Matt Dernoga then spoke to the Association. In his presentationpresentation, he centered his commitment to environmental issues and highlighted previous work done on this issue – as a student at the University of Maryland (UMD) he was a member of UMD for Clean Energy, advocating for clean energy solutions, and he worked to establish an Office of Sustainability at UMD.

At the county level (District 1) he has worked to pass thirty different pieces of legislation – some of the highlights include code enforcement, discontinuance of polystyrene, increasing minimum wage, addressing food insecurity through improved access to locally grown food.

He noted that he was running on a platform that was pro-environment and pro-labor. He was committed to maintaining A+ constituent services, and that it is possible to get hold of him within a day or two at the most.

He has continued to walk the communities and signaled his willingness to walk with the Saturday CSTCA Walking Group. His community walking sessions have highlighted concerns about litter, a desire to protect trees and environment and he identified himself as an ally on these issues.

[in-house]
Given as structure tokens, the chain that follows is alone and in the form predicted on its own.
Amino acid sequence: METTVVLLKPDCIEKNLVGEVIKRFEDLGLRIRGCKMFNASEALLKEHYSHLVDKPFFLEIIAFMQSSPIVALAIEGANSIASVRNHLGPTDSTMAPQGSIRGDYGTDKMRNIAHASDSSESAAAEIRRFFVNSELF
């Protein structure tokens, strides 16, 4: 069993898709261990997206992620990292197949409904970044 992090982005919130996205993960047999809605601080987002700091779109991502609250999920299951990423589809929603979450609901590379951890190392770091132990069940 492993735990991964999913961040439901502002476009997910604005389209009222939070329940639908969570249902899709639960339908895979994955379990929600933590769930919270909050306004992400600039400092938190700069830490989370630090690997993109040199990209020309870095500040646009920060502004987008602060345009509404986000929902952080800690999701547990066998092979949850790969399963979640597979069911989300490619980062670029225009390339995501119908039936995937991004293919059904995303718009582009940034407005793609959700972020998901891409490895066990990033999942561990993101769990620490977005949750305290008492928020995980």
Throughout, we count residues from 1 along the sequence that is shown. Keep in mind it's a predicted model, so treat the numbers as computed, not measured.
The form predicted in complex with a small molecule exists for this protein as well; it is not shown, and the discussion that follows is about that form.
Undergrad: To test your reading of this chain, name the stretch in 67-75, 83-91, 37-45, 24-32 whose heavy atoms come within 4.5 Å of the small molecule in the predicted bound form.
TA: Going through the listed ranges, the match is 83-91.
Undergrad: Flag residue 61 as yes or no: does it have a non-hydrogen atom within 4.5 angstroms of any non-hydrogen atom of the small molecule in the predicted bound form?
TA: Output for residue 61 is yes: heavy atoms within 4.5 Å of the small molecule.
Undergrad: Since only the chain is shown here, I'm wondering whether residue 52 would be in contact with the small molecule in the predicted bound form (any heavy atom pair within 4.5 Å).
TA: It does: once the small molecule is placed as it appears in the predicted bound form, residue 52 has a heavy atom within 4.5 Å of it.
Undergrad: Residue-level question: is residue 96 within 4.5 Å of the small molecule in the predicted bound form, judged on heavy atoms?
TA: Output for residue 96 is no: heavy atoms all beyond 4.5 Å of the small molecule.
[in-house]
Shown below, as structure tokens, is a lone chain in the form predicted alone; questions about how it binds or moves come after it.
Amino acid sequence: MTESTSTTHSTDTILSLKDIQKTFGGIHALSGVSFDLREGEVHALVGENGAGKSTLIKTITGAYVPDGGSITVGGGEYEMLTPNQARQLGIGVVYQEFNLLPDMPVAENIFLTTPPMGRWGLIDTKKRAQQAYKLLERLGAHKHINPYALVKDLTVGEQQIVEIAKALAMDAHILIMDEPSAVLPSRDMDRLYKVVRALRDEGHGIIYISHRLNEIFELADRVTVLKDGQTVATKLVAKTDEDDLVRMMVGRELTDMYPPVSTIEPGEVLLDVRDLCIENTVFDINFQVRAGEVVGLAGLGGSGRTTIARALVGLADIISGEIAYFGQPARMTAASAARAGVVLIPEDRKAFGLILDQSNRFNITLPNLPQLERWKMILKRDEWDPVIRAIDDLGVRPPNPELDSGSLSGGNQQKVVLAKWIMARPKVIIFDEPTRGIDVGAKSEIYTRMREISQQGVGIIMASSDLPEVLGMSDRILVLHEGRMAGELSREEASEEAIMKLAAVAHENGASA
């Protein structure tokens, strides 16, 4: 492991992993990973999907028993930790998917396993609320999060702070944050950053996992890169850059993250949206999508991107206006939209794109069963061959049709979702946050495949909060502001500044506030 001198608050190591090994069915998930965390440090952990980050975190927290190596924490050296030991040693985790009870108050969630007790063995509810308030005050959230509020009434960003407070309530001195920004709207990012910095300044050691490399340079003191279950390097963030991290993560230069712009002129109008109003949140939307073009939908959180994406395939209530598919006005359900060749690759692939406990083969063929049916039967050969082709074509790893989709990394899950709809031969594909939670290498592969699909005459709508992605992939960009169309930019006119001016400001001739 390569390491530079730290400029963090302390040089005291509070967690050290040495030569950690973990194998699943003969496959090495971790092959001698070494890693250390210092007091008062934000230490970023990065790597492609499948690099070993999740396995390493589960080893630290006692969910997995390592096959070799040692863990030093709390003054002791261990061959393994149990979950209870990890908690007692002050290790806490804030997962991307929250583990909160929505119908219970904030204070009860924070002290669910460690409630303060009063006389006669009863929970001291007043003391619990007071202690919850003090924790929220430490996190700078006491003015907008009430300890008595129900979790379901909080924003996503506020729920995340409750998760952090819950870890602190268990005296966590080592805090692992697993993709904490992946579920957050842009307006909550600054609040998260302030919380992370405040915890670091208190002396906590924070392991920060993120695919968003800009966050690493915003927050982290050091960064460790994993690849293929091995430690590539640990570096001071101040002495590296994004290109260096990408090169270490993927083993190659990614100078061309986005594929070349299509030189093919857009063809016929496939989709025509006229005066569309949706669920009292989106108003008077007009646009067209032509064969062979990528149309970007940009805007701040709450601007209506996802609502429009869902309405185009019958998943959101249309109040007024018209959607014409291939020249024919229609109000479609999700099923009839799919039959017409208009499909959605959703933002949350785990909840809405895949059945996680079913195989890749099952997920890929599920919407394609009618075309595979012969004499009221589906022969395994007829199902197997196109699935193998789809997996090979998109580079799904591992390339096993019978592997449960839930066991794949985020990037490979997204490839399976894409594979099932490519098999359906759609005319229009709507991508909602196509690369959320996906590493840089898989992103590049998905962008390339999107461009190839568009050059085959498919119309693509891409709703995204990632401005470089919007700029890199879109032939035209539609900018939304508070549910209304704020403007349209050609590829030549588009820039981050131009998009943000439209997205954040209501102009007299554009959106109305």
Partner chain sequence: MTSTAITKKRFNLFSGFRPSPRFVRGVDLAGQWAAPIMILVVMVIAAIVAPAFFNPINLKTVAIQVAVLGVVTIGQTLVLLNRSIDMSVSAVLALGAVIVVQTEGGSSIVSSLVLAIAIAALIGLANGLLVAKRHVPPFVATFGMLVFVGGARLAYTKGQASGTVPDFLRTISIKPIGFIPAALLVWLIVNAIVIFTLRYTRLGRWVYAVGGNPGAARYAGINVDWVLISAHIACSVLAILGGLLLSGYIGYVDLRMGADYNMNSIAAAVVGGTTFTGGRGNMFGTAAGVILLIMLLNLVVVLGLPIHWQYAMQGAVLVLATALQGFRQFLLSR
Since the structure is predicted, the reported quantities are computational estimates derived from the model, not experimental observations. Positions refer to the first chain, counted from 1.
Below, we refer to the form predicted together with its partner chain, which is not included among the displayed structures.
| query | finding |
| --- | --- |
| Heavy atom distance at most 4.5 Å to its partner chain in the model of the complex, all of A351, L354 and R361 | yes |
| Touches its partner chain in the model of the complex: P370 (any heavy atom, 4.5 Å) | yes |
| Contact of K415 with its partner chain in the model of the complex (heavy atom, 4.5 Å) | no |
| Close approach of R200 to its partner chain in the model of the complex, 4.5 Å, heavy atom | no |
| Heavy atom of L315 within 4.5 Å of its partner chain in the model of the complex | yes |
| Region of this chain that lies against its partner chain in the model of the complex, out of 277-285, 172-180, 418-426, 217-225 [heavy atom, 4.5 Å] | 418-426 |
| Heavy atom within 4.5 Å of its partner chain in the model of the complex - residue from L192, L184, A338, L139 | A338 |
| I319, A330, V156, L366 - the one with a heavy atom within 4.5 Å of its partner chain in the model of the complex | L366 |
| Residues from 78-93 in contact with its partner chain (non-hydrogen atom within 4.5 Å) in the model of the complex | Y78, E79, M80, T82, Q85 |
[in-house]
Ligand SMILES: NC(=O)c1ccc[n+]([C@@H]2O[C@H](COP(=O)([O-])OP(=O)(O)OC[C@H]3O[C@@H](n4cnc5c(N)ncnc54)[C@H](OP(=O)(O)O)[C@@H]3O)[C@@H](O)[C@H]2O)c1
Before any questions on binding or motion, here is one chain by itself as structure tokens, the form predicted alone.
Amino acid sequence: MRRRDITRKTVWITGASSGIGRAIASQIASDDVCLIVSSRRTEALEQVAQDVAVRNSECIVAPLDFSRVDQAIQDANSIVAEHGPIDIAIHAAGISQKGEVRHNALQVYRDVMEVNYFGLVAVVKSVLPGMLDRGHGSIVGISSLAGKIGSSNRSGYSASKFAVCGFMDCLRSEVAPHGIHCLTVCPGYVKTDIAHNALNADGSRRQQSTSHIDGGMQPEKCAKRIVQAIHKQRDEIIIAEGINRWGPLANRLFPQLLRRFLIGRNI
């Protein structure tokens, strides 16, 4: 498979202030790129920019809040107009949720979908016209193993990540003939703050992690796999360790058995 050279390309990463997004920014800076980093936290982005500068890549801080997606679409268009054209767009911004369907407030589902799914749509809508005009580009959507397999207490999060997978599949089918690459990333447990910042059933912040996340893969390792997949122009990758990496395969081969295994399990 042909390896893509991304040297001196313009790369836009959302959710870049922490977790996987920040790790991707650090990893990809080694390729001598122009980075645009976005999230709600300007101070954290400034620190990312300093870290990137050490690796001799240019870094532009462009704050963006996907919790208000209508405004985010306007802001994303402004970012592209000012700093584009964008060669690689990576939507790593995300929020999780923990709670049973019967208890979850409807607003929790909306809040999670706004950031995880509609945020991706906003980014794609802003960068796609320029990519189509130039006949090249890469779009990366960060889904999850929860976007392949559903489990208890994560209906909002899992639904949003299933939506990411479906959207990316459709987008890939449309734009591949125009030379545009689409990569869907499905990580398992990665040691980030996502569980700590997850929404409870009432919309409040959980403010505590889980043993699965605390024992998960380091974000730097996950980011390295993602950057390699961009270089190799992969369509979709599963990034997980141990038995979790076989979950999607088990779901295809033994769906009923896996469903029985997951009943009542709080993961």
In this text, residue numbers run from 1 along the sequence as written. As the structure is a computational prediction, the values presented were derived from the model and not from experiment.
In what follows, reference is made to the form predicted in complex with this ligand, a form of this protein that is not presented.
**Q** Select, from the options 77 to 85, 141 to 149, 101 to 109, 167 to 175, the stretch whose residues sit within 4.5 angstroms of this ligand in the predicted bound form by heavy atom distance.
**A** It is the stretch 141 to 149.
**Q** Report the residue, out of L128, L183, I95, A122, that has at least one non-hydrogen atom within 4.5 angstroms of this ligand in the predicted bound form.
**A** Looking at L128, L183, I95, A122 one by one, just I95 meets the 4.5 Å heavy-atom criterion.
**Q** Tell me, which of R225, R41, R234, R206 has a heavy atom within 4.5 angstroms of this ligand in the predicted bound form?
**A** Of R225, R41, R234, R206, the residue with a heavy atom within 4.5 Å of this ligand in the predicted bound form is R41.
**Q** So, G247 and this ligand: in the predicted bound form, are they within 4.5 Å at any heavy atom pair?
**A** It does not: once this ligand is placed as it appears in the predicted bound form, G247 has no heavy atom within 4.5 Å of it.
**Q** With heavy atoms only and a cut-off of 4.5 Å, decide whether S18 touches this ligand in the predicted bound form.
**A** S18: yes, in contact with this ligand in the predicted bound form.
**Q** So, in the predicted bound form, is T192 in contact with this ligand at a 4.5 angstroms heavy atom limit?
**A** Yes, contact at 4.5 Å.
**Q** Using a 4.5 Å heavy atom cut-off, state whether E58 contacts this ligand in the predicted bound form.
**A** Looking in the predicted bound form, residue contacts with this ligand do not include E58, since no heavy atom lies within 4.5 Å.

Member Ted Hull asked the candidate about his willingness to sponsor a bottle deposit bill.

  •  Candidate Dernoga noted that there was momentum for such a bill in 2015, this died off and it would be important to think about how to re-energize the process. Momentum, he noted, is challenged by the local departments that benefit from this recycling, there is concern that such a bill might siphon resources away from those agencies.

Member Andrea Kenner asked the candidate to speak to improved options for the removal of hazard waste.

  • Candidate Dernoga noted that on an issue like that he would be willing to work with the council member to advocate for safe removal of hazardous waste because those issues are addressed at local county meetings.